Recently, Cadbury lost the fight to fully trademark their distinctive purple colour (although it is uniquely theirs for chocolate). Why do they care so much about their purple and does it have a meaning beyond its specific association with Cadbury?
Colours are powerful weapons in any branding toolkit and rich with meanings. As a starting point, here is a quick tour of the eleven most frequently used colour names.
White is often a sign of purity, cleanness and coolness. It is a basic colour, bringing out everything else. For service brands, white is used everywhere the customer expects cleanliness (kitchens, surgeries, etc). The Innocent brand of fruit smoothies, use the purity of white to great effect.
Black has become a regular symbol of top of the range, quality and sobriety, and can be used to create a very specific and exclusive environment. There is a reason that the ‘little black number’ is the iconic statement of Coco Chanel and the colour of Armani and Dolce & Gabbana.
Red has the hue with the strongest stimulation, giving it the power to excite with increased pulse and heart rate and raised blood pressure. Women in red are rated more sexy than when wearing any other colour, while men in red are rated as more powerful, and it’s not just a coincidence that drivers of red cars are more likely to be involved in car accidents. Red can stimulate appetite, making it popular among food, drink and restaurant brands such as Coca-Cola, Heinz and KFC.
Yellow is a comforting colour, which also means tangy, creamy or delicious in foods and drinks. It is very popular in food and drink outlets, although often paired with another colour (e.g., McDonalds). Yellow is also used by brands like Scholl (foot powder) for its connotations of warmth and comfort.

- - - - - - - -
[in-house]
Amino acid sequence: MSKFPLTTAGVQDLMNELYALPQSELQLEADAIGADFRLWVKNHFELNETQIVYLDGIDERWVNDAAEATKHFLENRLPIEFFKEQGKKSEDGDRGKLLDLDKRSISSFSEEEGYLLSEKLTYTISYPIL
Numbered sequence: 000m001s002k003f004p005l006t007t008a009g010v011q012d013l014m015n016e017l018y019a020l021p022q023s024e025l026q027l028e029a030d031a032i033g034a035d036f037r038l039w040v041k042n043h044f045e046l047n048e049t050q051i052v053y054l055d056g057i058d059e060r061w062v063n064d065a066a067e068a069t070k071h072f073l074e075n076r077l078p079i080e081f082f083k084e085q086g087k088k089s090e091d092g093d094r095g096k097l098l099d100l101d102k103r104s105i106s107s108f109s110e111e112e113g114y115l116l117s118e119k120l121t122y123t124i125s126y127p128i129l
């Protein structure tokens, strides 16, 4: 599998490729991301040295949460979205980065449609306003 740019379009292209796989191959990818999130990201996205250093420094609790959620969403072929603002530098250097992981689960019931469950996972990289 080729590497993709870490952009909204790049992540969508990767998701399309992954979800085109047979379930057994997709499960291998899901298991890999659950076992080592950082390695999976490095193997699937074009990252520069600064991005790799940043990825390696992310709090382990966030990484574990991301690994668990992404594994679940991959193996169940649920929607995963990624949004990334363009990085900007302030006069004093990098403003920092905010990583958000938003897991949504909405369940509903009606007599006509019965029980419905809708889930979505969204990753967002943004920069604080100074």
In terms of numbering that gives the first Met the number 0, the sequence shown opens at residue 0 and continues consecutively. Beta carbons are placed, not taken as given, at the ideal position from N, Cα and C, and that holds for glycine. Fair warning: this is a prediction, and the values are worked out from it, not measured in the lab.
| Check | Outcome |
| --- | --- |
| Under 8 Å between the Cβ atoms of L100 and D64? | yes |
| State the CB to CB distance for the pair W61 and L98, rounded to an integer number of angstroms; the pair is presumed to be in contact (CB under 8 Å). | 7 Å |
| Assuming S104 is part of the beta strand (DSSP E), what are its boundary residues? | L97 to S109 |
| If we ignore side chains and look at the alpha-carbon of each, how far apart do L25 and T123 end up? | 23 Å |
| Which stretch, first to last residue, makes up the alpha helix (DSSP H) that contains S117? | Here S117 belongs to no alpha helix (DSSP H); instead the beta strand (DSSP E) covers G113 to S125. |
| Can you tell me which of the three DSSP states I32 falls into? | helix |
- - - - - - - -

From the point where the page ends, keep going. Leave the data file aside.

Green symbolizes ideas of refreshment and nature and is connected to ideas of healthiness. However, green is a delicate colour and can have strong negative connotations, as it is also the colour of decay and putrefaction. Although BP has tried to hijack green to symbolize their environmental credentials, they haven’t always lived up to these ideals. Holiday Inn and Starbucks make good use of green.
Blue is associated with the sea and sky and calmness, and often suggests trust and serenity. Some shades (e.g., ice blue) reflect purity and coolness and are ideal for products like bottled water and toothpast (Oral-B). Brands like Walls use dark blue to signify quality, while brands like Bombay Sapphire have used the colour to forge a distinctive brand identity as well as to reflect their unique blend of ingredients.
Orange is a friendlier colour than red (which has a dangerous side), and is stimulating enough to get attention from kids and teens (e.g., Fanta, Nickelodeon). Brands like Amazon and Orange Mobile use these associations to signify the vitality and fun of their brand.
Brown is wholesome and down to earth, often associated with nature materials like wood. Coffee brands like Costa Coffee leverage these meanings, along with the obvious link to coffee itself, to signal their homely ambience.
Purple is associated with royalty in the West and has associations with quality and luxury. These associations are the reasons for its use by Cadbury and by Whiskas, in a lighter shade, for the food of the Empress or Emperor of the house.
Pink is a sweet and appealing colour, perfect for sugar confectionery. It is also associated with sexiness and femininity in many cultures, which is why it is the perfect colour for Breast Awareness campaign’s iconic ribbon logo.
Finally, grey is associated with business suits as well as age, although sometimes considered a gloomy and unattractive colour (considered ‘cheap’ in many Asian countries). Grey is often associated with and used by technology companies (e.g., Apple, Honda) and can signal the wisdom of experience.
The writer is Neil Gains, founder of TapestryWorks and author of Brand esSense:Using Sense, Symbol and Story to Design Brand Identity